Cyprus: Risk Assessment
Country Risk Rating
|C||A very uncertain political and economic outlook and a business environment with many troublesome weaknesses can have a significant impact on corporate payment behavior. Corporate default probability is high.|
Business Climate Rating
|A3||The business environment is relatively good. Although not always available, corporate financial information is usually reliable. Debt collection and the institutional framework may have some shortcomings. Intercompany transactions may run into occasional difficulties in the otherwise secure environments rated A3.|
Confirmation of a slow recovery
The recovery is expected to broaden in 2016. Tourism, shipping and non-financial services, the island's three traditional export sectors, are benefiting from increased competitiveness prompted by the euro's depreciation and lower wages. Surpluses in these sectors to a great extent offset the trade deficit (17%) associated with the weak diversification of local manufacturing output (medicines, cheese and electronics). The drop in visits and spending by Russian tourists (26% of visitors in 2014) is balanced by the strong increase in those by British (39%) and other nationals. The numerous Russian businesses registered in Cyprus are still important clients for service companies. Local demand will grow very modestly and households are still increasing their spending only slightly, in the face of a collapse in house prices of over 30% since 2010 - prices are only just beginning to stabilize - high unemployment (16%, but 40% youth unemployment) and debt equivalent to 124% of GDP. Moreover, wages in the public sector are frozen until 2016 and those in the private sector have barely stopped declining. Meanwhile, public investment remains constrained by fiscal consolidation. Finally, businesses will be faced with debt levels equivalent to 134% of GDP. In this context, the construction of tourist and office facilities, the other key sector, will stage a timid recovery.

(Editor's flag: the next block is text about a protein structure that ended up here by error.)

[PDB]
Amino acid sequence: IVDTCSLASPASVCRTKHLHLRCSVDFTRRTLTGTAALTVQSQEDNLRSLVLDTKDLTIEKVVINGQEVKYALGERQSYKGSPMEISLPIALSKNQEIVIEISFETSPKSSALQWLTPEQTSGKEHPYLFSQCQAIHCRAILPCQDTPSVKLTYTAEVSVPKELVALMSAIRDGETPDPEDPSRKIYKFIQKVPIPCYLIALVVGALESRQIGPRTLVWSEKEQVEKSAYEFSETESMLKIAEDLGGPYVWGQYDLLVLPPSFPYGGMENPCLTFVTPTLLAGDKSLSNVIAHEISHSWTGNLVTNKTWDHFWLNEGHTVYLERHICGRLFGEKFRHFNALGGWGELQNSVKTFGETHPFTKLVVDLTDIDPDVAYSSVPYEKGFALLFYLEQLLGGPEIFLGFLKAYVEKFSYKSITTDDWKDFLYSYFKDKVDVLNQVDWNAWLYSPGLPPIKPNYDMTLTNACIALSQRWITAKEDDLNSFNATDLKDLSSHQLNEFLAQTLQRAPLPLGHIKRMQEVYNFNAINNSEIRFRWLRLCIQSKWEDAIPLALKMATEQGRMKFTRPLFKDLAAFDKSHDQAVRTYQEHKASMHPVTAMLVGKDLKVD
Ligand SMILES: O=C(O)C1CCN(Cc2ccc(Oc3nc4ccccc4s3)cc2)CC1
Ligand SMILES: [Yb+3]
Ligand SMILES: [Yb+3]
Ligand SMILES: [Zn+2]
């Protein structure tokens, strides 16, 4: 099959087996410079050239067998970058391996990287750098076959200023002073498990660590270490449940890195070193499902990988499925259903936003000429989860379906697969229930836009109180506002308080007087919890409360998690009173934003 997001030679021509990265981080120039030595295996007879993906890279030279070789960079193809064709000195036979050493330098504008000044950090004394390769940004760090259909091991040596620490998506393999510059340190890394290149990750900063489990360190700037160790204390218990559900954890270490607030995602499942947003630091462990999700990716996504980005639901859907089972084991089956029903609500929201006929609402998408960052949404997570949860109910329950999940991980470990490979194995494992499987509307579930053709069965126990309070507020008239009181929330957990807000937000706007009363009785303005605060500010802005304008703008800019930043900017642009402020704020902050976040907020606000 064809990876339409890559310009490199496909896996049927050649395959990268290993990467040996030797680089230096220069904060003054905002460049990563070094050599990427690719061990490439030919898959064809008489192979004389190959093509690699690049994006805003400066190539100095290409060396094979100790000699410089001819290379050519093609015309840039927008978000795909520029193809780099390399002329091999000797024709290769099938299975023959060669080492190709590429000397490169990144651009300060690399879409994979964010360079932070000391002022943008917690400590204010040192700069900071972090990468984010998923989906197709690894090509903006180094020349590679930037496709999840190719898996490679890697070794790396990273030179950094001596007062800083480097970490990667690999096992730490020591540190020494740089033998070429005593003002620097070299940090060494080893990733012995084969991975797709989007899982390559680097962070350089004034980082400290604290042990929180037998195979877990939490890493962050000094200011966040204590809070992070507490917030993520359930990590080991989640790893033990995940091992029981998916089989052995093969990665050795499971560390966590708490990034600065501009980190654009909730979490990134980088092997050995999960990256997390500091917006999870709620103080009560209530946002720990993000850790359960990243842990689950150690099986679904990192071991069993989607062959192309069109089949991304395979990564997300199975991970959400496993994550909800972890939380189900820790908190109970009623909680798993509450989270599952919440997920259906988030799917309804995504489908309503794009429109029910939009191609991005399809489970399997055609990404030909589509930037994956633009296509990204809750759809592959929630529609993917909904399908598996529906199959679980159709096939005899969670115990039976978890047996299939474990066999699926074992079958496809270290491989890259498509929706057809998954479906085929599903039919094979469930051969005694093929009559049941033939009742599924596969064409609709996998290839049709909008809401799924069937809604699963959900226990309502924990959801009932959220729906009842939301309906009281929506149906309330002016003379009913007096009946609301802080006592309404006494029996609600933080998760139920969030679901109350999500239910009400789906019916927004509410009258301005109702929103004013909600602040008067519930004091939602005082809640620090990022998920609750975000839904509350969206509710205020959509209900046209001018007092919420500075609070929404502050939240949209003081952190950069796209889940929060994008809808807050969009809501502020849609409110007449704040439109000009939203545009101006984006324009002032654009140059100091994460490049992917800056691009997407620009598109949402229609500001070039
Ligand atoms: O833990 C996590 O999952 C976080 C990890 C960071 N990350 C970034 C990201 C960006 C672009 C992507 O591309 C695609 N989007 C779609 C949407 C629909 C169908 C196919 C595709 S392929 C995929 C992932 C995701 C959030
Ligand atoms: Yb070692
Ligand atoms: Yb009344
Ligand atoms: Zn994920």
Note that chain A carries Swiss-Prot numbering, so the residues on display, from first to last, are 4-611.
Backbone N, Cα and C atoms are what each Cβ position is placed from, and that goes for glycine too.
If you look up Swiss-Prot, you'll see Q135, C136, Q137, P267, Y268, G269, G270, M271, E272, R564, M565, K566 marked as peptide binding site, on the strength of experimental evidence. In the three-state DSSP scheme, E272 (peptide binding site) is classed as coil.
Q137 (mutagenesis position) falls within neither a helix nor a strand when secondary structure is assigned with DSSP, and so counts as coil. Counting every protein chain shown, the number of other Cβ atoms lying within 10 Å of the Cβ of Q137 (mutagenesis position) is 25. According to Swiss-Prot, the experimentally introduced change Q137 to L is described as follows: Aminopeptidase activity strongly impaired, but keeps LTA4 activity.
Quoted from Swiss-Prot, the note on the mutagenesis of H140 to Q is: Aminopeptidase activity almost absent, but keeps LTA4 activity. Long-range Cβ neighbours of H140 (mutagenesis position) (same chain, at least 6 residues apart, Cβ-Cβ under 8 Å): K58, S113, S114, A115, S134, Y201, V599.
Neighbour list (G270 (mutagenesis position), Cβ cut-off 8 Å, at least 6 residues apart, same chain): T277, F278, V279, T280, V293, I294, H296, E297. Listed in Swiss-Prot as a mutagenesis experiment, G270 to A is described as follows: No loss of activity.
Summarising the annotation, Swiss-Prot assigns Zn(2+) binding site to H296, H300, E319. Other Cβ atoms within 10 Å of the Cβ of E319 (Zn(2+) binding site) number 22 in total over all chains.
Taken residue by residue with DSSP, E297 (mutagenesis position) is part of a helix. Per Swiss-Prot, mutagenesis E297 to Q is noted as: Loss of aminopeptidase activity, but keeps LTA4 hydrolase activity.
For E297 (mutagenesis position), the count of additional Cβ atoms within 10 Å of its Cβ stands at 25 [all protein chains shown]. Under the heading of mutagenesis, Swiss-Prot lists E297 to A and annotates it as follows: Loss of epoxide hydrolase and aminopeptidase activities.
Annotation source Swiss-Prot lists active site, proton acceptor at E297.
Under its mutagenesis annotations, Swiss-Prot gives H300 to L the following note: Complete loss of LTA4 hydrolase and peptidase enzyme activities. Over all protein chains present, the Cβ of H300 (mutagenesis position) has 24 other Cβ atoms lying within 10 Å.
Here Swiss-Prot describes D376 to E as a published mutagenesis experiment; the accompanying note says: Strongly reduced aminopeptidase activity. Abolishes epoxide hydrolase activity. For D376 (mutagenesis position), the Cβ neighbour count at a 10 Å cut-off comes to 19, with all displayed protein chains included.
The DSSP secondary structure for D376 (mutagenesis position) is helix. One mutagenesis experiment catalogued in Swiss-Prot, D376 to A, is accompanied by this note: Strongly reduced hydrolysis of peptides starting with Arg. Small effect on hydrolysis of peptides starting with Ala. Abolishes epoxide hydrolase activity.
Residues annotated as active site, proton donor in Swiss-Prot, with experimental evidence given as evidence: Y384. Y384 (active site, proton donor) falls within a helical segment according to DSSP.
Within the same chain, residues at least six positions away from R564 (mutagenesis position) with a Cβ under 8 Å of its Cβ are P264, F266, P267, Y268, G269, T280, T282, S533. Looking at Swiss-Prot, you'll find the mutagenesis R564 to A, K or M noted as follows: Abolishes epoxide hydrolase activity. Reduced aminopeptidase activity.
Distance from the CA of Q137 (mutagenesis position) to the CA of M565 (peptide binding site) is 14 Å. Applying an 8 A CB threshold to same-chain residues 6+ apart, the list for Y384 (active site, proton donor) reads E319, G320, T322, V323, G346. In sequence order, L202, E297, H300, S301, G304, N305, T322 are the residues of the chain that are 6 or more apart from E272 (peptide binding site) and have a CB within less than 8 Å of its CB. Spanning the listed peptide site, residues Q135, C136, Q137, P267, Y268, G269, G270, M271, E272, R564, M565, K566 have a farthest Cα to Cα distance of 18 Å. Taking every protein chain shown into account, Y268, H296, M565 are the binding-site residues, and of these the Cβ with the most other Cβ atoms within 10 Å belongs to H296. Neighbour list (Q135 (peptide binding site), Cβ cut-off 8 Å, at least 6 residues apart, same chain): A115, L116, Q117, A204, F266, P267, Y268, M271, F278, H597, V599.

A banking sector in convalescence
Following the country's EU accession in 2004, the Cypriot banking sector expanded to seven times the size of the GDP. The downturn in the local property market at the end of 2008 and the collapse of the Greek economy at the start of 2010, in which it had made substantial investments, were fatal for the sector, triggering the insolvency of its main players. Unable to rescue the sector on their own, given the sharp deterioration of the public and external accounts, under pressure from the European Commission, the ECB and the IMF, who made a restoration of soundness a condition of their financial aid, the authorities restructured the sector largely at the expense of creditors and depositors. Despite the liquidation of one of the leading banks, the sector - currently extremely concentrated - still accounts for 315% of GDP, excluding foreign banks (160%). Dependence on non-resident deposits (40% of total, or 130% of GDP) and on liquidity from the central bank remains high. Non-performing loans represent over 50% of the portfolio and only a third are funded. Despite the adoption of modernized property foreclosure and insolvency legislation, the process is made difficult due to the difficulty of estimating the value of assets offered as collateral, the frequent lack of registry identification of apartments and the slow transfer by the administration of property from developers to buyers. In this tangled state of affairs, neither households nor developers have an incentive to repay their loans. Progress has, nonetheless, been made, such as the creation of a credit register and the transfer of supervision to the European authorities.
Fiscal consolidation needed for debt reduction
Spending cuts representing 7.5% of GDP over 2013 and 2014 succeeded in eliminating the deficit. However, in order to accelerate the reduction in public debt, excluding the bank loan guarantees (20% of GDP), an additional fiscal effort estimated at 4% of GDP needs to be made in 2016. This is likely to include higher taxes on investment income and on corporate profits. Although civil service reform (promotion, salary scale, mobility) is under way, reform of the management of state-owned enterprises and privatizations (Cyprus Telecom, Port of Limassol) are delayed. There is a risk that the political class will not persist with these reforms, which are likely to take a long time given the scale of the debt. The influence of the European institutions and the IMF could lessen after March 2016, once they have disbursed the full amount of their financial aid (€10 billion or 57% of GDP, of which 72% had been disbursed at the end of October 2015).
A minority government involved in talks about reunifying the island
While waiting for the next parliamentary elections in May 2016, Nicos Anastasiades, elected to the presidency in 2013 for 5 years, leads a minority conservative government with his party, the Democratic Rally (Disy). He needs to obtain a majority in parliament together with the centralist Democratic Party (Diko) over the Progressive Party of Working People (Akel), by including social measures (implementation of a national health system and a minimum wage) as part of the fiscal consolidation package. Nicos Anastasiades and Mustafa Akinci, the respective leaders of the island's Greek Cypriot and Turkish communities have met several times since May 2015 under the auspices of the Americans with a view to ending the division of the country. This will benefit the economy and, in particular, future offshore gas exploitation. The outcome will depend, among other things, on the attitude of Turkey, which has a military presence in the north of the island.